Prior to the Hemp Farming Act of 2018, 41 states had passed industrial hemp-related legislation. Thirty-nine of those states legalized statewide cultivation programs that defined hemp specifically to differentiate it from marijuana, establish licensing requirements, and regulate production.
Exactly how and when hemp originated in the New World is still highly debated. Though long thought to be introduced to the Americas by Christopher Columbus, hemp has been discovered in Native American civilizations that predate Columbus’ arrival. William Henry Holmes’ “Prehistoric Textile Art of Eastern United States” report from 1896 notes hemp from Native American tribes of the Great Lakes and Mississippi Valley.
Hemp fibers are primarily used for textiles, paper, building materials, and other industrial products. Raw materials such as hurds, or shives, are short woody fibers typically found inside the stalk. They’re used for making bedding materials, absorbents, particleboard, ceiling panels, compost, and other industrial products.
Hemp has been cultivated on a global scale for thousands of years. The oldest documented evidence of hemp cultivation is a rope, which dates back to 26,900 BCE, found in today’s Czech Republic.
Depending on the desired final product, hemp cultivars are chosen based on several factors, including:
The country has a licensing program for those interested in growing certain cultivars of hemp that contain less than 0.35% THC.
Hemp seeds are rich in protein, dietary fiber, vitamins, and minerals. They contain an optimal ratio of omega-6 to omega-3 fatty acids for healthful consumption. A 2008 study also found that hemp proteins are more digestible for humans than common soy protein isolates (SPIs) used in food products. Hemp seeds can be used as food directly or via oil produced from them. Seeds can also be ground up for flour or mixed with water to create hempseed milk.
Oils (Mostly CBD)
So, are the first two hemp, and the third cannabis? Not quite. It’s more accurate to say that numbers one and two tend to be hemp, while number three tends to be cannabis.
Yes. Whether it is pleasant or not depends on what kind of hemp you smoke. If you’re smoking hemp grown for the production of CBD flowers, then the experience will bear little difference to smoking recreational weed (except you won’t get stoned). However, if you’re smoking hemp grown for its fibres, you might find it a little unpleasant. Moreover, you might struggle to find enough flowers to smoke in the first place!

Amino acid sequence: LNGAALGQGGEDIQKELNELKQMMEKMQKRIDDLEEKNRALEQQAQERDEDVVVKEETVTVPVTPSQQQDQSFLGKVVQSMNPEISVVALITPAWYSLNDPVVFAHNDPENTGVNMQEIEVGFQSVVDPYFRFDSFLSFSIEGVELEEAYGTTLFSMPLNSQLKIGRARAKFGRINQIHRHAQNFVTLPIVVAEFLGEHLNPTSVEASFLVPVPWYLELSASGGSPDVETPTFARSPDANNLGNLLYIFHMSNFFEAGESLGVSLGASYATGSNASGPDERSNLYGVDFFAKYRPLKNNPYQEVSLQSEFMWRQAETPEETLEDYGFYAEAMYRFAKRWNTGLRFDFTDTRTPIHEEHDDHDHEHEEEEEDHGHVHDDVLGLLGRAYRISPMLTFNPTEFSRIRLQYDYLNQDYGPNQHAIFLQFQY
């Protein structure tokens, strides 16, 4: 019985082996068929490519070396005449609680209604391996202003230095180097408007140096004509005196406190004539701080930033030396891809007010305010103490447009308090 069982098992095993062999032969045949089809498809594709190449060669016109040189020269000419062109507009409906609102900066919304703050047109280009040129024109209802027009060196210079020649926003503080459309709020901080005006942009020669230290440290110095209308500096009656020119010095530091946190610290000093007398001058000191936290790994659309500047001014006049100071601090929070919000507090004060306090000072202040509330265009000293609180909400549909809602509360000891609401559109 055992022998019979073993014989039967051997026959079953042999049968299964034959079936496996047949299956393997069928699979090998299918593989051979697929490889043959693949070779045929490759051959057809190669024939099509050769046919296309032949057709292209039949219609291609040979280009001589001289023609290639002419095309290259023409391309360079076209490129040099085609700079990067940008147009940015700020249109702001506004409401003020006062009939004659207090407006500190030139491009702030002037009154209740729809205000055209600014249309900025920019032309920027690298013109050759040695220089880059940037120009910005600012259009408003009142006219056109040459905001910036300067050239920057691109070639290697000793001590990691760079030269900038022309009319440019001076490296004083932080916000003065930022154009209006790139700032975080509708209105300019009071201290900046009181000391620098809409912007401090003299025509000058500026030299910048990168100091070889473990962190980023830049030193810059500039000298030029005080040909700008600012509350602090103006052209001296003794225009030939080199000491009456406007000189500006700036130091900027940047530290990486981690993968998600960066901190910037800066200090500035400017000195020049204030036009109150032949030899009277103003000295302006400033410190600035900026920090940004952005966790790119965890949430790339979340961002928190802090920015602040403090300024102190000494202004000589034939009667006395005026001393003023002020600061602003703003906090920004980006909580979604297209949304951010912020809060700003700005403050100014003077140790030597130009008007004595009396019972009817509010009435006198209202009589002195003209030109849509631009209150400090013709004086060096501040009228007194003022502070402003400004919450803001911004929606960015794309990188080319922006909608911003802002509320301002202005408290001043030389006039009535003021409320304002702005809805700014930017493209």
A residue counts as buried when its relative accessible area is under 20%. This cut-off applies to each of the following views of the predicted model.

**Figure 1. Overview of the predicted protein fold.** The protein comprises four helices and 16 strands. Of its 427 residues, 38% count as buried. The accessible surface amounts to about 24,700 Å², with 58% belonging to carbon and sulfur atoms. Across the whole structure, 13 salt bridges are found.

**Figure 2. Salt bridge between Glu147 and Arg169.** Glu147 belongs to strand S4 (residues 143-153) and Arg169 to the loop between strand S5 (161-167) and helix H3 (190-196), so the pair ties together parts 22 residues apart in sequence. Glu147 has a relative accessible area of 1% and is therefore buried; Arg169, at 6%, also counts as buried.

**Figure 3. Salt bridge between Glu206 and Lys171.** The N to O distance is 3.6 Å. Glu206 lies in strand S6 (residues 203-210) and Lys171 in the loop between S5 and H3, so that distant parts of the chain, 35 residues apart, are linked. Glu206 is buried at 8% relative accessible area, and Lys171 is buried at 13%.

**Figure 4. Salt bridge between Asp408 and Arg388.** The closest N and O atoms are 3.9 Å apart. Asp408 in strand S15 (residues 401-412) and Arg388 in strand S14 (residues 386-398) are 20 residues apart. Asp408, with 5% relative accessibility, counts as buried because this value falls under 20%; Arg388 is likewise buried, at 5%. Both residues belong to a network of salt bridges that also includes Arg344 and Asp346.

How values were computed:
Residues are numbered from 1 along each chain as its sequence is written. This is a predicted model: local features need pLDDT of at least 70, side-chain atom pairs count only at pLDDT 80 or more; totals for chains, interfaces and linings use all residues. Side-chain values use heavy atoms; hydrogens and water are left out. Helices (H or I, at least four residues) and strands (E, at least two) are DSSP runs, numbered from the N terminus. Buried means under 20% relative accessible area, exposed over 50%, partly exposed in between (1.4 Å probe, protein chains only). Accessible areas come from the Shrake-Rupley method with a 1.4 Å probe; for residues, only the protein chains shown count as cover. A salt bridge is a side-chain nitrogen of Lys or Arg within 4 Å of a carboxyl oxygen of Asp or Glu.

How Important Is THC?
These days, some industrial hemp producers are extracting CBD from leftover material and marketing it as “CBD oil”. These products are generally considered to be of lower quality—with reduced concentrations, and higher risk of contamination—than CBD oil harvested from plants specifically grown for medicinal use.
Marijuana, cannabis, hemp, CBD—all wonderful words, but do we really understand the relationships between them? We’re about to ask some crucial questions about the relationship between marijuana and hemp. By the end, you’ll have a clear understanding of what hemp is, what marijuana is, and why understanding this distinction matters.
Hemp and marijuana are both members of the same genus, Cannabis, and the same species, Cannabis sativa. To understand the difference between hemp and marijuana, we need to know a bit about the s ubtypes, or cultivars, of the cannabis plant. Cultivars are breeds of a plant species bred for different purposes. The three types of cannabis cultivars are:
In North Carolina, licenses must be approved by the state’s Industrial Hemp Commission, which is affiliated with the N.C. Department of Agriculture & Consumer Services. Licensed growers must abide by stringent regulations, including tests to ensure that the THC levels in any hemp remain at or below the limit of 0.3 percent.
What’s the difference between hemp and marijuana?
“Ninety-five percent of North Carolina hemp crops are grown for their flowers,” Melton says. “CBD is widely acclaimed for use in addressing many aches, pains and mental disorders. However, there is little data supporting many of the claims.”
Is growing hemp for CBD legal?
There’s been a lot of discussion about hemp recently, since the 2018 Farm Bill made it legal for farmers to grow industrial hemp for the first time since the passage of the 1970 Controlled Substances Act (or, practically speaking, since the 1937 Marihuana Tax Act).
There are still quite a few restrictions and regulations associated with growing hemp, but the fact that hemp is now legal – while marijuana is not – has raised a lot of questions.
Hemp and marijuana are, taxonomically speaking, the same plant; they are different names for the same genus (Cannabis) and species.